Following this approach, Geiger and Koch mention, that routines are more than processes for coordination: Working on a lower level they foster stability and reliability, in the mid-level the act as the memory of an organization and trigger processes of change and reorganization on the top-level. A minimal and continuous change - compa­rable to evolution - alters the temporal stable low-level routines (2008).

Tushman et al. use the term of “frame breaking routines” that trigger irregular occurring revolutionary change that happens parallel to Nelsons and Winter’s evolu­tional change (1994).

Feldman thinks a step ahead. She does not separate routines for stabilizing from routines for altering and change. An empiric study on routines of the management of residential homes led to her conclusion that routines change from iteration to iteration: “They [Routines] are often works in progress rather than finished products” (Feldman 2000). There occurs always a modification in routines that can even trigger changes on the whole organization. Actors access existing structures (that is the ostensive part of a routine), while they also build up new structures during the execution of routines (that is the performative part of a routine). In practice, both parts become a unity.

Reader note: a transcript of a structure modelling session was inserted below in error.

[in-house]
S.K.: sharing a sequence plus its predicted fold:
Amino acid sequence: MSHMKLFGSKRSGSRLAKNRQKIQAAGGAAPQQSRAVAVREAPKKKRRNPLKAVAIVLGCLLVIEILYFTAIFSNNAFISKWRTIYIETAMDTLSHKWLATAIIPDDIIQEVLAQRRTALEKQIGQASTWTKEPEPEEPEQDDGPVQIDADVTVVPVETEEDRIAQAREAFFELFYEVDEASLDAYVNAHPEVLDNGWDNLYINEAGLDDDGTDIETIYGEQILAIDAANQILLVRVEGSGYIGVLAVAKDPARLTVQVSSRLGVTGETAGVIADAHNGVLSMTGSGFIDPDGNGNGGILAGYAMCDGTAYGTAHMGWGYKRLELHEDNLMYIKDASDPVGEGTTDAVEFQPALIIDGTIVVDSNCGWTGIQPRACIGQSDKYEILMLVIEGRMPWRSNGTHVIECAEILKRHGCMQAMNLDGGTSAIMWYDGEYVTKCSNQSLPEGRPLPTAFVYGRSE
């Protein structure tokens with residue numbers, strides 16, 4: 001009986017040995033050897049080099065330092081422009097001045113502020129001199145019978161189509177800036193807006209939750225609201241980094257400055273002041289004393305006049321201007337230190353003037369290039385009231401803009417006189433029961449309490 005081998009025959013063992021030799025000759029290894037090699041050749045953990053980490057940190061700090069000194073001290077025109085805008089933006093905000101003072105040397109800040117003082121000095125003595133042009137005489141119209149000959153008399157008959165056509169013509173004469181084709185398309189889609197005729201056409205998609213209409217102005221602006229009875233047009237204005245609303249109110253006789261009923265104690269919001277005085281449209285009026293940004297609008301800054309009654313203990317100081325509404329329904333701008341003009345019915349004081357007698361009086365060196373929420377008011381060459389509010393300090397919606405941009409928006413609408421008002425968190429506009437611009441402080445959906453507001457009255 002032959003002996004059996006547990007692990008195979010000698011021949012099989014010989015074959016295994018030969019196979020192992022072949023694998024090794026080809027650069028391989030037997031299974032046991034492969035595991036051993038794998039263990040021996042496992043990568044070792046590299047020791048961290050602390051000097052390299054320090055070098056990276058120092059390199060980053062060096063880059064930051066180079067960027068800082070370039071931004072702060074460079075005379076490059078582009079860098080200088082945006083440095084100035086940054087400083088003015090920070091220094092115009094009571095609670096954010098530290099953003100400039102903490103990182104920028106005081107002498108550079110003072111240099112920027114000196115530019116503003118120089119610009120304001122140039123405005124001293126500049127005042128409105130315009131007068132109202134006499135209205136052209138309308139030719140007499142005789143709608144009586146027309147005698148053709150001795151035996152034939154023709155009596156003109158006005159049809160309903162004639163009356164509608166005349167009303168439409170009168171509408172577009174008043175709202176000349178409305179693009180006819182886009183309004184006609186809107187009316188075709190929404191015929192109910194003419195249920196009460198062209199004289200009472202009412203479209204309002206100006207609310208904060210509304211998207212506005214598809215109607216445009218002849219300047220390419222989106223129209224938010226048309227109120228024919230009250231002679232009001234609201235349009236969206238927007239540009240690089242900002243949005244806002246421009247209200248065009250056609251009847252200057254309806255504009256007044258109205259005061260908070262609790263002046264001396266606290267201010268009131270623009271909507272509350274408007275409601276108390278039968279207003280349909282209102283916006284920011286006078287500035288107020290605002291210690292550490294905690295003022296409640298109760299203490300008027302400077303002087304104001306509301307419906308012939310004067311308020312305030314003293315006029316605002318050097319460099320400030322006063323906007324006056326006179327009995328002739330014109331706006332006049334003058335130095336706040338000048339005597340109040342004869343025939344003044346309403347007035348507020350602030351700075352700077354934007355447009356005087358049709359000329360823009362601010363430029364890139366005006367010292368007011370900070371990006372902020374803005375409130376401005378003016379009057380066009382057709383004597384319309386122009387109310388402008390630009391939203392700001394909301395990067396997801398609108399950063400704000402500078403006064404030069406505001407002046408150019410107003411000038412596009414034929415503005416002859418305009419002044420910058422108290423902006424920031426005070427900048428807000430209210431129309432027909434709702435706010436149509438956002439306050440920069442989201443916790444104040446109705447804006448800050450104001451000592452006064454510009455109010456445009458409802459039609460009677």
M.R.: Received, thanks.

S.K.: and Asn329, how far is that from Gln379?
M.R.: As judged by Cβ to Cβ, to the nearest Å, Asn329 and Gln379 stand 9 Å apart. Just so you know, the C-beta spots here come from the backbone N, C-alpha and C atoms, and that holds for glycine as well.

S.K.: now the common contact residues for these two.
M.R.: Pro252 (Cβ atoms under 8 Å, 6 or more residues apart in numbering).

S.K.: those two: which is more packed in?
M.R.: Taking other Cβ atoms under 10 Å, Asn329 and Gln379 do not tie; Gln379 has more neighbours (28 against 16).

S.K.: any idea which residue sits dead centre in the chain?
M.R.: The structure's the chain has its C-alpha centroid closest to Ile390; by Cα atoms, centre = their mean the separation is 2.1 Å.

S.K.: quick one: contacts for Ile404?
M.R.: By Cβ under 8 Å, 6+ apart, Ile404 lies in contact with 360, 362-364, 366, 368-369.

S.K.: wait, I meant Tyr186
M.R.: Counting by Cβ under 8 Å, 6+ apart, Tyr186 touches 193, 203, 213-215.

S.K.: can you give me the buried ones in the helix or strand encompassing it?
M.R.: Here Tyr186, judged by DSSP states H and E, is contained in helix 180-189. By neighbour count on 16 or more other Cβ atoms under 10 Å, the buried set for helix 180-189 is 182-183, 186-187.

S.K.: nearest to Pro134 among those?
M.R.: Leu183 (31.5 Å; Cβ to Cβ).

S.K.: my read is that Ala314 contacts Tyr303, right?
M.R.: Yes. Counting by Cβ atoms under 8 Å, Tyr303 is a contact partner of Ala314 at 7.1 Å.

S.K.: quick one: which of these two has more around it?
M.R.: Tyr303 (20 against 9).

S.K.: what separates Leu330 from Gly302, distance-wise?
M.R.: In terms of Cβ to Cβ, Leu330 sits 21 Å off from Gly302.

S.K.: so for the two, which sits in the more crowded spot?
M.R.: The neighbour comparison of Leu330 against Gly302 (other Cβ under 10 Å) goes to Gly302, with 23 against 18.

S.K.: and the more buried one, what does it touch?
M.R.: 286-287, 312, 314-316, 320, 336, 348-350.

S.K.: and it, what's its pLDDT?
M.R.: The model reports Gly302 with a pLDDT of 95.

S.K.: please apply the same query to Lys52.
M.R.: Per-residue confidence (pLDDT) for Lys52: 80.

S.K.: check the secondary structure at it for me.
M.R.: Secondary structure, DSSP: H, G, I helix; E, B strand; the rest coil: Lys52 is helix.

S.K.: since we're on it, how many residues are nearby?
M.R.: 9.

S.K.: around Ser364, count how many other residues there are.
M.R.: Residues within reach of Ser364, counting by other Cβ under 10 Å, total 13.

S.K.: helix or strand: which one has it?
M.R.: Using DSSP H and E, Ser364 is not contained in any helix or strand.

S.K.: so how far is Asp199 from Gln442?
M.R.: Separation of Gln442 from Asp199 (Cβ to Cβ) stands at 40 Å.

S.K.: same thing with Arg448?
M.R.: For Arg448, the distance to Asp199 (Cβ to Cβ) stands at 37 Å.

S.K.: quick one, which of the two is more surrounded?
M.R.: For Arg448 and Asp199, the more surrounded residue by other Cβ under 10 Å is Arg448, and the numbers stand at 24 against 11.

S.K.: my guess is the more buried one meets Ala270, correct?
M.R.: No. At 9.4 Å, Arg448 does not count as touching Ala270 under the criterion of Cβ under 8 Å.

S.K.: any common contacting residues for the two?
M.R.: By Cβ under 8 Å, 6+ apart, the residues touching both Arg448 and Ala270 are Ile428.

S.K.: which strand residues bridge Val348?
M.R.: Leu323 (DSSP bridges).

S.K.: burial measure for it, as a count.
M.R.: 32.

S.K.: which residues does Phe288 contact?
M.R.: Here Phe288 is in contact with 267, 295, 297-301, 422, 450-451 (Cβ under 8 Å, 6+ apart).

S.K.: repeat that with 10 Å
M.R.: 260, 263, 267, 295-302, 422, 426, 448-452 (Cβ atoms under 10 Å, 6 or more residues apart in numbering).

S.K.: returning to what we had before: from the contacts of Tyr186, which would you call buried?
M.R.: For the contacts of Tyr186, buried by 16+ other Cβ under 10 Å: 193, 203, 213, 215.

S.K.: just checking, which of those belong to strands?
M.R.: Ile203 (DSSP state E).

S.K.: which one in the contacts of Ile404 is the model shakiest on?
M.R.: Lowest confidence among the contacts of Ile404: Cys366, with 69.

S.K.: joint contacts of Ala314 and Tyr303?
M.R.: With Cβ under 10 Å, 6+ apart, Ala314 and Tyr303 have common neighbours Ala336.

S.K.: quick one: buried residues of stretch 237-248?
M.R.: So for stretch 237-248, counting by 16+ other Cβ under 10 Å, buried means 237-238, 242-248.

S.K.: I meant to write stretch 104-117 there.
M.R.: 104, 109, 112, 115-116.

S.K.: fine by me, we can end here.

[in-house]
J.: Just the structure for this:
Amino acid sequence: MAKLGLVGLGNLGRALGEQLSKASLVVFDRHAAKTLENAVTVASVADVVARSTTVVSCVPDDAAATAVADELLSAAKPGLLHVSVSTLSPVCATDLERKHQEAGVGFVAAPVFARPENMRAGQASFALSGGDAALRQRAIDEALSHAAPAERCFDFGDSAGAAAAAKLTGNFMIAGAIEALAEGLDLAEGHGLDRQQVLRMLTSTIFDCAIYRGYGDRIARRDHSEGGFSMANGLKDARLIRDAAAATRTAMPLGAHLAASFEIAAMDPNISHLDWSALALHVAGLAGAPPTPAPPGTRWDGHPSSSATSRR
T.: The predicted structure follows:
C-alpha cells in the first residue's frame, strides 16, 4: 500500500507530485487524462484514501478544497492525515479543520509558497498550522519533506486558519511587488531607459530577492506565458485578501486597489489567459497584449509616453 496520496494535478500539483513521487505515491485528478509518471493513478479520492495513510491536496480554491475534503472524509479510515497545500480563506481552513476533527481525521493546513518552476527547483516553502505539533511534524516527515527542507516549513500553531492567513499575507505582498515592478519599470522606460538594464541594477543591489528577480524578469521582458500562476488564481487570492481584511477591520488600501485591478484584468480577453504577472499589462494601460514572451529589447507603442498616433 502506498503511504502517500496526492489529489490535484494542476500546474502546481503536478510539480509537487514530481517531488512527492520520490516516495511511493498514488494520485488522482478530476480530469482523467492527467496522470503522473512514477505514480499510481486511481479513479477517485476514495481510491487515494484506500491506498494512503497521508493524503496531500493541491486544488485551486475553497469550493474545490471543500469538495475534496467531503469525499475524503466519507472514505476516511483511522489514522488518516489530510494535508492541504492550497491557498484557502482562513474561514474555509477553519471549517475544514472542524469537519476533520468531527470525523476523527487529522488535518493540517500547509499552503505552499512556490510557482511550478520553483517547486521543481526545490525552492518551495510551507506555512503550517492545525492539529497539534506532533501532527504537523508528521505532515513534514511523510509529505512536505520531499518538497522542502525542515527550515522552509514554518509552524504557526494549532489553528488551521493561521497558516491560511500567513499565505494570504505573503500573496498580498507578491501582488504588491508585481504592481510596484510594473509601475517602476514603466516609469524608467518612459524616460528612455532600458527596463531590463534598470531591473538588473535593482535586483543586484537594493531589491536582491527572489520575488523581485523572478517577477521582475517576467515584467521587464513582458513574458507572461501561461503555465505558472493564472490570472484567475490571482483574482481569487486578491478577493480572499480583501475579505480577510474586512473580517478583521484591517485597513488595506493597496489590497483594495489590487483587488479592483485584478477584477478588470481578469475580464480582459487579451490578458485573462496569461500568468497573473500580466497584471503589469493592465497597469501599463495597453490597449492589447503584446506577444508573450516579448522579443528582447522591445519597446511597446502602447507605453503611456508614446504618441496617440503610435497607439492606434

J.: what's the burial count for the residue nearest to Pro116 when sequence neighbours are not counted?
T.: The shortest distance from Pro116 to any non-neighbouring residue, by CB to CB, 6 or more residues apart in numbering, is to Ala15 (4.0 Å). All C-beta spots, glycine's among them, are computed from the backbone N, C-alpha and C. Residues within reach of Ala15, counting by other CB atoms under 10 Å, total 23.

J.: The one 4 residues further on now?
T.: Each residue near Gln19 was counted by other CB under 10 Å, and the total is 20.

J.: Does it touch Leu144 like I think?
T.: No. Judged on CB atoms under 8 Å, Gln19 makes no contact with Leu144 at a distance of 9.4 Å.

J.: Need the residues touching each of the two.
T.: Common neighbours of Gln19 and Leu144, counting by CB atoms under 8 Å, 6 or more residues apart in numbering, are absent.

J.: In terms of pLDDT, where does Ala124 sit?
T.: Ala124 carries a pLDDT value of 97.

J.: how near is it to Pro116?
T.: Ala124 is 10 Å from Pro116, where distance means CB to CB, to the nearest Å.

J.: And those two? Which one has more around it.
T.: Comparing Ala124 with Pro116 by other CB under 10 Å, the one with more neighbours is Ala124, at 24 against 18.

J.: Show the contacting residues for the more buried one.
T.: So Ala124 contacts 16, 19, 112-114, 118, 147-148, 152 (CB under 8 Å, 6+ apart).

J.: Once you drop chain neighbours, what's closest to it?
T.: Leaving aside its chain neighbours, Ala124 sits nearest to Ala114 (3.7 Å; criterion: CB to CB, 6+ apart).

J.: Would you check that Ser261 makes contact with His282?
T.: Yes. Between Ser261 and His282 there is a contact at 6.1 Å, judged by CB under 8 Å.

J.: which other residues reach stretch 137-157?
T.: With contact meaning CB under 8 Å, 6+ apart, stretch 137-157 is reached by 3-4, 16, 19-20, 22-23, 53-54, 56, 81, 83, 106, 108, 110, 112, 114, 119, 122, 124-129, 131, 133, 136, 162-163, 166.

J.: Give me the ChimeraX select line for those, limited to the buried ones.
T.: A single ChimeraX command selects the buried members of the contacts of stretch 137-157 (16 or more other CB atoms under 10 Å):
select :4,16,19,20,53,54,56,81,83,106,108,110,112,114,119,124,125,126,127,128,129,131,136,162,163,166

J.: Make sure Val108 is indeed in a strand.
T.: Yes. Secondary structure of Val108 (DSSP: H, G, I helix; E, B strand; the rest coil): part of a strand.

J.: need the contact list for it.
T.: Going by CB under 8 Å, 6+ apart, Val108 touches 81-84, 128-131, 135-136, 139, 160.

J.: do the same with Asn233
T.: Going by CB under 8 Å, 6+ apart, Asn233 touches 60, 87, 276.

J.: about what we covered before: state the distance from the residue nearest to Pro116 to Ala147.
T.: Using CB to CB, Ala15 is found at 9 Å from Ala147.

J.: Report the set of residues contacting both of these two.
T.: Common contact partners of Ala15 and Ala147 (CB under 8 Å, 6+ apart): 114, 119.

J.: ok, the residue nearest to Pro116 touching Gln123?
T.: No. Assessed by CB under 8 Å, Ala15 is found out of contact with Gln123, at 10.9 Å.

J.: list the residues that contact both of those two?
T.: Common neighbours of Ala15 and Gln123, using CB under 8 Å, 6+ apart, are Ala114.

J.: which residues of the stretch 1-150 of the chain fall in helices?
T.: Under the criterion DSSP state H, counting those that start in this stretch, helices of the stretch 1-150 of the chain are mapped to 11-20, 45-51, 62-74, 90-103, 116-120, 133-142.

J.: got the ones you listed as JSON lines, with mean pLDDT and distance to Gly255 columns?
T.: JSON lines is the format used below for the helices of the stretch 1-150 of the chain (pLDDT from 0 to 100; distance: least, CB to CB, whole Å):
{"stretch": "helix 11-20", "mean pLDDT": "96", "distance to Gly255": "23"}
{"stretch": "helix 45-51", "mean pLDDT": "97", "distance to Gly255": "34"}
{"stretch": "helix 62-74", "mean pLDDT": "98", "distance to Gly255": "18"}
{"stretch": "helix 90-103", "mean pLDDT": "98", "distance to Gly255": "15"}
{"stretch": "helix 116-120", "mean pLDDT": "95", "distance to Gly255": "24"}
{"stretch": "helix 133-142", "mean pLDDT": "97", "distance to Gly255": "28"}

Following this approach, the character of routines has completely changed. Rou­tines are no longer a source of stability and inertia - as the traditional view and the low­er level of Nelsons and Winter’s definition of routines implicate.



ISBN (eBook)
ISBN (Buch)
553 KB
Institution / Hochschule
Technische Universität Kaiserslautern – Lehrstuhl für Internationales Management
Routines Innovation Organizational Learning Source of Learning & Innovation Routines as Social Practice Routines as Embodied Knowledge Routines as Collective Competence Success of an Organization.



Titel: Routines as a Source of Learning and Innovation